She adds onions, ginger, vinegar, mustard seeds, cinnamon, cloves, cardamom, black pepper and salt. And, later, she drops in some calcium water, pectin and sugar for consistency.
Clearly, what she calls “savory blueberry ginger conserve” is not your grandma’s blueberry jam.
“You take a grilled cheese and then you use some nice local sourdough bread, some nice local cheese and then smear a little bit of savory jam or jelly on there as a spread, and it’s a whole different taste experience,” says Savoie, who is a home food preservation expert at the University of Maine Cooperative Extension in Falmouth.
So-called “savory jams” are experiencing a surge in popularity. Savory jams overtook Sriracha as the fastest-growing condiment for sandwiches and burgers — with bacon jam leading the pack — in 2015, according to Datassentials, a market research company that studies menu trends. Tomato jam — aka classy ketchup — came in second.
Jams made with peppers of all degrees of hotness, flowers and extracts of things like Earl Gray tea and parsley are also growing in popularity.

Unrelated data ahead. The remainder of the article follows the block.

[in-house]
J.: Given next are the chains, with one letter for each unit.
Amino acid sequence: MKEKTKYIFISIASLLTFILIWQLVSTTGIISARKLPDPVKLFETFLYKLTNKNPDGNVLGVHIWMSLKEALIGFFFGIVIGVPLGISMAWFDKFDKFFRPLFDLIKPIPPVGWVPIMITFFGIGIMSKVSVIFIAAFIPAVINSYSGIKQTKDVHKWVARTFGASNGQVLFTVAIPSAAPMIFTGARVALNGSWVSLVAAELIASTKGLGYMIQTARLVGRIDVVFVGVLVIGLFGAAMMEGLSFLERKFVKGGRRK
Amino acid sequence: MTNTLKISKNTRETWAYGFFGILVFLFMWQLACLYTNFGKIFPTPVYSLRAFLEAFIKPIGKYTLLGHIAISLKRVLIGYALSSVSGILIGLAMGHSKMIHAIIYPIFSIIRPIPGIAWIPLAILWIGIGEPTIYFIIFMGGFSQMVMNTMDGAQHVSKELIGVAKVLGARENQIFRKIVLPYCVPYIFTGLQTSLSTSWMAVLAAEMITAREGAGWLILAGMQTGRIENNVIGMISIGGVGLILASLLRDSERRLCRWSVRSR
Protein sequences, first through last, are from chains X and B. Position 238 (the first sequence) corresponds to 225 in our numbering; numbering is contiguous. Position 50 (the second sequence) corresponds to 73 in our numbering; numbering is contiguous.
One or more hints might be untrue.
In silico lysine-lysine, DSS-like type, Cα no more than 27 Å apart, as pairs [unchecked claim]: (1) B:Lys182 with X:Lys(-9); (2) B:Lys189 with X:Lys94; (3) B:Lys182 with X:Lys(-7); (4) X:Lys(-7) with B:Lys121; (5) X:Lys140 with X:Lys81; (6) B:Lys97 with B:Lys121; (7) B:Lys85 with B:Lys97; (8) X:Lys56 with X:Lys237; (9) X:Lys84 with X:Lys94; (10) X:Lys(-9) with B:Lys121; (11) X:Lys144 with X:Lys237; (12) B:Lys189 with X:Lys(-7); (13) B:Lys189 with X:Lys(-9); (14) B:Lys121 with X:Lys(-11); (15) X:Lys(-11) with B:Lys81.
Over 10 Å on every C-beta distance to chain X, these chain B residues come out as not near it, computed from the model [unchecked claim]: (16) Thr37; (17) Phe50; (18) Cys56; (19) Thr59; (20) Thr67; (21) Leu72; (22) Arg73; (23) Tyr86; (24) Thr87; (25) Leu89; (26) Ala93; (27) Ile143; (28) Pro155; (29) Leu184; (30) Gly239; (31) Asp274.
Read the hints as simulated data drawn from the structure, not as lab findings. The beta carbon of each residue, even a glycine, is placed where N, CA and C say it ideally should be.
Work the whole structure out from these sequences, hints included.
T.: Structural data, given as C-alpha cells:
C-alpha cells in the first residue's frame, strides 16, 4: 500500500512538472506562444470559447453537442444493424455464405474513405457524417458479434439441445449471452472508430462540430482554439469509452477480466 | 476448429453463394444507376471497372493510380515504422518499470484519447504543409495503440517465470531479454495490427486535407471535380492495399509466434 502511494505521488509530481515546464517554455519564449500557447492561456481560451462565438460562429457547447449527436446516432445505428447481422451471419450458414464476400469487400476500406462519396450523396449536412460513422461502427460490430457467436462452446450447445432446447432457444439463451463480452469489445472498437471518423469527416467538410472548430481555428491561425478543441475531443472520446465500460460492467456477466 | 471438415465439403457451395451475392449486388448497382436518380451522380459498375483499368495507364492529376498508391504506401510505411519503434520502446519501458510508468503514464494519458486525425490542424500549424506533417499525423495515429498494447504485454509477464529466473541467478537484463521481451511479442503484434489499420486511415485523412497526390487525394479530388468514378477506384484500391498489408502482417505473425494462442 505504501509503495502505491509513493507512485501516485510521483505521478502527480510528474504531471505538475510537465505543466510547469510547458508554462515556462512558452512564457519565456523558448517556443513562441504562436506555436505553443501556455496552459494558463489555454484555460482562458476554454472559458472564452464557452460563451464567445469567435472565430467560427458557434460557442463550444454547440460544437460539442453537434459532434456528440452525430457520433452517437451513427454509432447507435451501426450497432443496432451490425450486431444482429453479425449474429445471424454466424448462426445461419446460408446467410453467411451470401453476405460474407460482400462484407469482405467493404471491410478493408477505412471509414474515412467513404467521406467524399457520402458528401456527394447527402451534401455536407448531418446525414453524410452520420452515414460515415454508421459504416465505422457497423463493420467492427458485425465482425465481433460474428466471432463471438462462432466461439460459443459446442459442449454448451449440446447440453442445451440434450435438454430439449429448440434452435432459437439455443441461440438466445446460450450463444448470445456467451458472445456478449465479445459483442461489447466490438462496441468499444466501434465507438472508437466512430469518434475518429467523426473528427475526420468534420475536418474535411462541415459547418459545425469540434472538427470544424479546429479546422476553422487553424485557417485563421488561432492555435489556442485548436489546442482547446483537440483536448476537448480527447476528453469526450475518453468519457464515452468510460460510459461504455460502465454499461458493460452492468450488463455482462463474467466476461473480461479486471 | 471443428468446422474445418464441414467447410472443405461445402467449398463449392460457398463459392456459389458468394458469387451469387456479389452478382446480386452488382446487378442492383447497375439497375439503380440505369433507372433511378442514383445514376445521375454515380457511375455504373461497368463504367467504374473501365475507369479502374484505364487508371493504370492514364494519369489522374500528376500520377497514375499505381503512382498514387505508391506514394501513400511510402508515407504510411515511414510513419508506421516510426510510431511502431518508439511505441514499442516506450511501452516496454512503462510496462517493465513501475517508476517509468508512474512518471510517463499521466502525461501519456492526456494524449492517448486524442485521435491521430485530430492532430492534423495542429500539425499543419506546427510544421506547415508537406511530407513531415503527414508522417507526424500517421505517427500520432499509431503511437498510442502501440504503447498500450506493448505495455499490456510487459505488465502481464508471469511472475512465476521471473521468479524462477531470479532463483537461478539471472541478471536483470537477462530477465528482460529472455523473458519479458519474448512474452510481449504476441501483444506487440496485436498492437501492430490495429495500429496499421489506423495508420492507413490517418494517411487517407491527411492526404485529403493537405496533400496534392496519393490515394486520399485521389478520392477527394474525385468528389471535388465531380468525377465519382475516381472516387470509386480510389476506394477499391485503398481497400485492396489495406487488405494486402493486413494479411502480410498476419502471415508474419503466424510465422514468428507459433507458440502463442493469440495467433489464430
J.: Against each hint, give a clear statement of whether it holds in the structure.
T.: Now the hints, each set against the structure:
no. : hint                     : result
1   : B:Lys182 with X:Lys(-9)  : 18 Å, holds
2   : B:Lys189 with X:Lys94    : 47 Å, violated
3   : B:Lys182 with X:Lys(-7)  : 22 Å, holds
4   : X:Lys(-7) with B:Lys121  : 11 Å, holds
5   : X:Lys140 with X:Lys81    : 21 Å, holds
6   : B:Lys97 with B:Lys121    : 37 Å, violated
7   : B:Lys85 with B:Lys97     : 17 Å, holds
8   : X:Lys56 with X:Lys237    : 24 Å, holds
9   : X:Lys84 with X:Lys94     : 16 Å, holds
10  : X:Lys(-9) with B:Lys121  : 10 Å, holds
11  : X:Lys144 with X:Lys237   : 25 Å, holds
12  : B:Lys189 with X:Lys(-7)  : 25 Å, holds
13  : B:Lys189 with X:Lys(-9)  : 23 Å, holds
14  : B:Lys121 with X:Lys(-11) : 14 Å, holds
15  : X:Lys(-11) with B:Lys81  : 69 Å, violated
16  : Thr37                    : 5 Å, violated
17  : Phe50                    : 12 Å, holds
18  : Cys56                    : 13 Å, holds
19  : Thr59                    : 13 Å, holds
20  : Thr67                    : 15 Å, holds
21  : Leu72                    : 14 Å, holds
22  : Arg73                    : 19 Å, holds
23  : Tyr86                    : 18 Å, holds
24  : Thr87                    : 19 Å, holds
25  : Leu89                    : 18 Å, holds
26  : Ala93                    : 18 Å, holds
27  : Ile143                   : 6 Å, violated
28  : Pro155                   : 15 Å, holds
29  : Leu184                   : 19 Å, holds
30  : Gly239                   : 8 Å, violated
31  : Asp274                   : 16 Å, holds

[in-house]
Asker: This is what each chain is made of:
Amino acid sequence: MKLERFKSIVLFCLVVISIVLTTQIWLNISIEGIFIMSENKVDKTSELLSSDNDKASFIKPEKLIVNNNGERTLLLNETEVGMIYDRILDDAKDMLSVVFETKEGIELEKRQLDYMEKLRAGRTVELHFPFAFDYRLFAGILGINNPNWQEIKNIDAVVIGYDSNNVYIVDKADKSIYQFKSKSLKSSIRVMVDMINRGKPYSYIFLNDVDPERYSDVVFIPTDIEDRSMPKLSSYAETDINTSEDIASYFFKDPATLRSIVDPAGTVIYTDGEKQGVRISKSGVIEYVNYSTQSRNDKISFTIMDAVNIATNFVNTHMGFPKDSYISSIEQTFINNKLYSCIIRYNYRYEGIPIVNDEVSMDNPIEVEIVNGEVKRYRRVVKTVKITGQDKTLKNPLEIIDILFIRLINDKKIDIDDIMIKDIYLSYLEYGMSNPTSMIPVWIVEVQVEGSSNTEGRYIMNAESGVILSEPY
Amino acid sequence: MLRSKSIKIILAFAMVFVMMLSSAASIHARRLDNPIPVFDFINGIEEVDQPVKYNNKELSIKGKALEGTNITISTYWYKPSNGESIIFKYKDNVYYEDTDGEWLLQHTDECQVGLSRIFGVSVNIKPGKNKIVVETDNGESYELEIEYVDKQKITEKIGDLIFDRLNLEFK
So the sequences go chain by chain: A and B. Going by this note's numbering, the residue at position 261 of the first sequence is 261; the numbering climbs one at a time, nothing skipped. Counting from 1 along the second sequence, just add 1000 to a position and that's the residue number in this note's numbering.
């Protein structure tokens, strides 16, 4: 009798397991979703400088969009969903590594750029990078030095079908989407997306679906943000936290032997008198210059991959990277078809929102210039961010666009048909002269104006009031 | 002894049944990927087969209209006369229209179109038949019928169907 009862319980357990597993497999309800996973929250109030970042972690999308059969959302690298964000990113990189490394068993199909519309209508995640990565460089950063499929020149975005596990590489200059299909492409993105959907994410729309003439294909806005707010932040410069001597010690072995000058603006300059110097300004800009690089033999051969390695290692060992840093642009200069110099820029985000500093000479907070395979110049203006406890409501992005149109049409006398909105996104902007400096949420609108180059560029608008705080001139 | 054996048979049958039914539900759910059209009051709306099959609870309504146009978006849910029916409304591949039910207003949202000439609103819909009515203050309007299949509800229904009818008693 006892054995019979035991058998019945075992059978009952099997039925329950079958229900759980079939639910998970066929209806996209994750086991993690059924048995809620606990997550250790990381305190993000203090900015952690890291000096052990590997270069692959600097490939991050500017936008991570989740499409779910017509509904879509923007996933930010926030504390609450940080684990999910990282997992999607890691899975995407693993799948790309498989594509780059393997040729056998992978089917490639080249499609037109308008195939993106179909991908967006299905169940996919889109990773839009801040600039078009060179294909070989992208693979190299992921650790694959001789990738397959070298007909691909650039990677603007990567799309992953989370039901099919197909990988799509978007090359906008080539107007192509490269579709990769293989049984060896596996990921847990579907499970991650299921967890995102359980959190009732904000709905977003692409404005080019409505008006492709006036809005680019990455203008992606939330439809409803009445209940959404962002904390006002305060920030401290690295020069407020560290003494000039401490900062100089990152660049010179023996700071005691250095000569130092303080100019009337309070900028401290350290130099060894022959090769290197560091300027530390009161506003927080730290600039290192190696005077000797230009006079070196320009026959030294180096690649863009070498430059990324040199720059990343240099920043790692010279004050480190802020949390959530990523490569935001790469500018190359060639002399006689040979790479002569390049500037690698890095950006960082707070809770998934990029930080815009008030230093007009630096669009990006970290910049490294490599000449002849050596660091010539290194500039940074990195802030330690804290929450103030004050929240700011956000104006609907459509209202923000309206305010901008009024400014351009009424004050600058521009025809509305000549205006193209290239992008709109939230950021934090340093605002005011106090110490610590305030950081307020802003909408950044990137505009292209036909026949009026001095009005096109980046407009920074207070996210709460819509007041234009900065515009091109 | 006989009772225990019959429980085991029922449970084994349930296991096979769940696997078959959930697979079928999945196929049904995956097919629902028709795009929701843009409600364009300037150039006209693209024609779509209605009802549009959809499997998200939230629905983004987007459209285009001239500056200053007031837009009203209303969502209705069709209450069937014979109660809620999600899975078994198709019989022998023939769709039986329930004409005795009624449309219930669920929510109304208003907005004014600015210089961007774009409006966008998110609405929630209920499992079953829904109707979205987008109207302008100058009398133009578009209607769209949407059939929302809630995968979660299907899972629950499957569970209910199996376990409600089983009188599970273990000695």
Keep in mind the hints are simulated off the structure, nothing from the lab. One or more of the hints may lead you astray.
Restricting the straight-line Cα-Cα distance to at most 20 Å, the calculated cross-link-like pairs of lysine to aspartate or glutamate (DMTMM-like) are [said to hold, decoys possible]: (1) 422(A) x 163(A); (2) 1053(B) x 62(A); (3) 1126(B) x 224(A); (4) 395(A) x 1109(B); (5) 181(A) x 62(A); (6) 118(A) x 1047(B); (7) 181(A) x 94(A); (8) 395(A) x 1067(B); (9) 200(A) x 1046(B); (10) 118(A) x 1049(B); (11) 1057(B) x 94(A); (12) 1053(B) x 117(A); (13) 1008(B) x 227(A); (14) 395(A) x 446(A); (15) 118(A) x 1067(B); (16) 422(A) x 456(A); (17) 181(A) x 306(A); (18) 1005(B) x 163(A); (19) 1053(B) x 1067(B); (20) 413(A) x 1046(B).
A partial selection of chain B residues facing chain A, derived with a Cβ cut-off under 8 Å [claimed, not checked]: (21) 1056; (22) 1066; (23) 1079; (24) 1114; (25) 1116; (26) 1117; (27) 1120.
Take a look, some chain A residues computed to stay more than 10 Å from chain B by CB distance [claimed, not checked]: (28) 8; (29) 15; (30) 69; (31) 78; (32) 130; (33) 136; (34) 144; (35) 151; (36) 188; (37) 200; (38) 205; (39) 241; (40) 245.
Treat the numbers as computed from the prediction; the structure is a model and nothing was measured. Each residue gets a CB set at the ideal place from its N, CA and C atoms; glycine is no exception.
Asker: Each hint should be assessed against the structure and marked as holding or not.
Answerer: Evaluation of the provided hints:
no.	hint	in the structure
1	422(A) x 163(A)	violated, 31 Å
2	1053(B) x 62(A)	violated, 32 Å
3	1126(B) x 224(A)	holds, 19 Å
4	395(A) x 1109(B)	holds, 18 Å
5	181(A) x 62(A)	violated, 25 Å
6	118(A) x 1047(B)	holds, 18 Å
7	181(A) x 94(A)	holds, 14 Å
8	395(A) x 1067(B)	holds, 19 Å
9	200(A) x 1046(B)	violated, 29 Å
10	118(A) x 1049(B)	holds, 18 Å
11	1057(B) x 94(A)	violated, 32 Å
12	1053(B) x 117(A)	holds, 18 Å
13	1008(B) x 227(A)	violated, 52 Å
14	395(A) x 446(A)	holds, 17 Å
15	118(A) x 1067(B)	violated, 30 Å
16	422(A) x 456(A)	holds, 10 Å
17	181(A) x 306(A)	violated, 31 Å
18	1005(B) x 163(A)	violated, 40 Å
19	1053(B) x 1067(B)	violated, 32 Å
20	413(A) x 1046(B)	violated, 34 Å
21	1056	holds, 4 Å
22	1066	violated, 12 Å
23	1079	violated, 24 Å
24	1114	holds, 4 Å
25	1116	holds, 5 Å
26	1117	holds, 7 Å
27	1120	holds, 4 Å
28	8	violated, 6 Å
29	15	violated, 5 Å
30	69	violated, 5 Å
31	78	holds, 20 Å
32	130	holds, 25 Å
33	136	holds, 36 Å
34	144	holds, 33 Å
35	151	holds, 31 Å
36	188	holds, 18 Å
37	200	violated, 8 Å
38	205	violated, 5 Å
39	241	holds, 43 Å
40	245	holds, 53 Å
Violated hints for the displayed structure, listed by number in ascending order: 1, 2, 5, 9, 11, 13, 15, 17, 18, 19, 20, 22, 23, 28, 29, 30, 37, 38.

When it comes to today’s jams, says Marissa McClellan, author of the new cookbook Naturally Sweet Food in Jars, “You have to think beyond toast.”
Savory jams have a lot of things going for them in the current foodie landscape, says jam maker Savoie. Savoie gave the blueberry ginger conserve cooking demonstration at this year’s Kneading Conference in July.
Savory jams allow people to eat local fruits and vegetables year-round and lower the sugar levels found in traditional jams, Savoie says. They also tap into a love affair with foods that marry salt and sugar, says Bret Thorn, senior food editor at Nations Restaurant News in New York City.
The central component of jam is pectin, a natural thickening agent found in many fruits. Traditionally, jam was made by cooking down …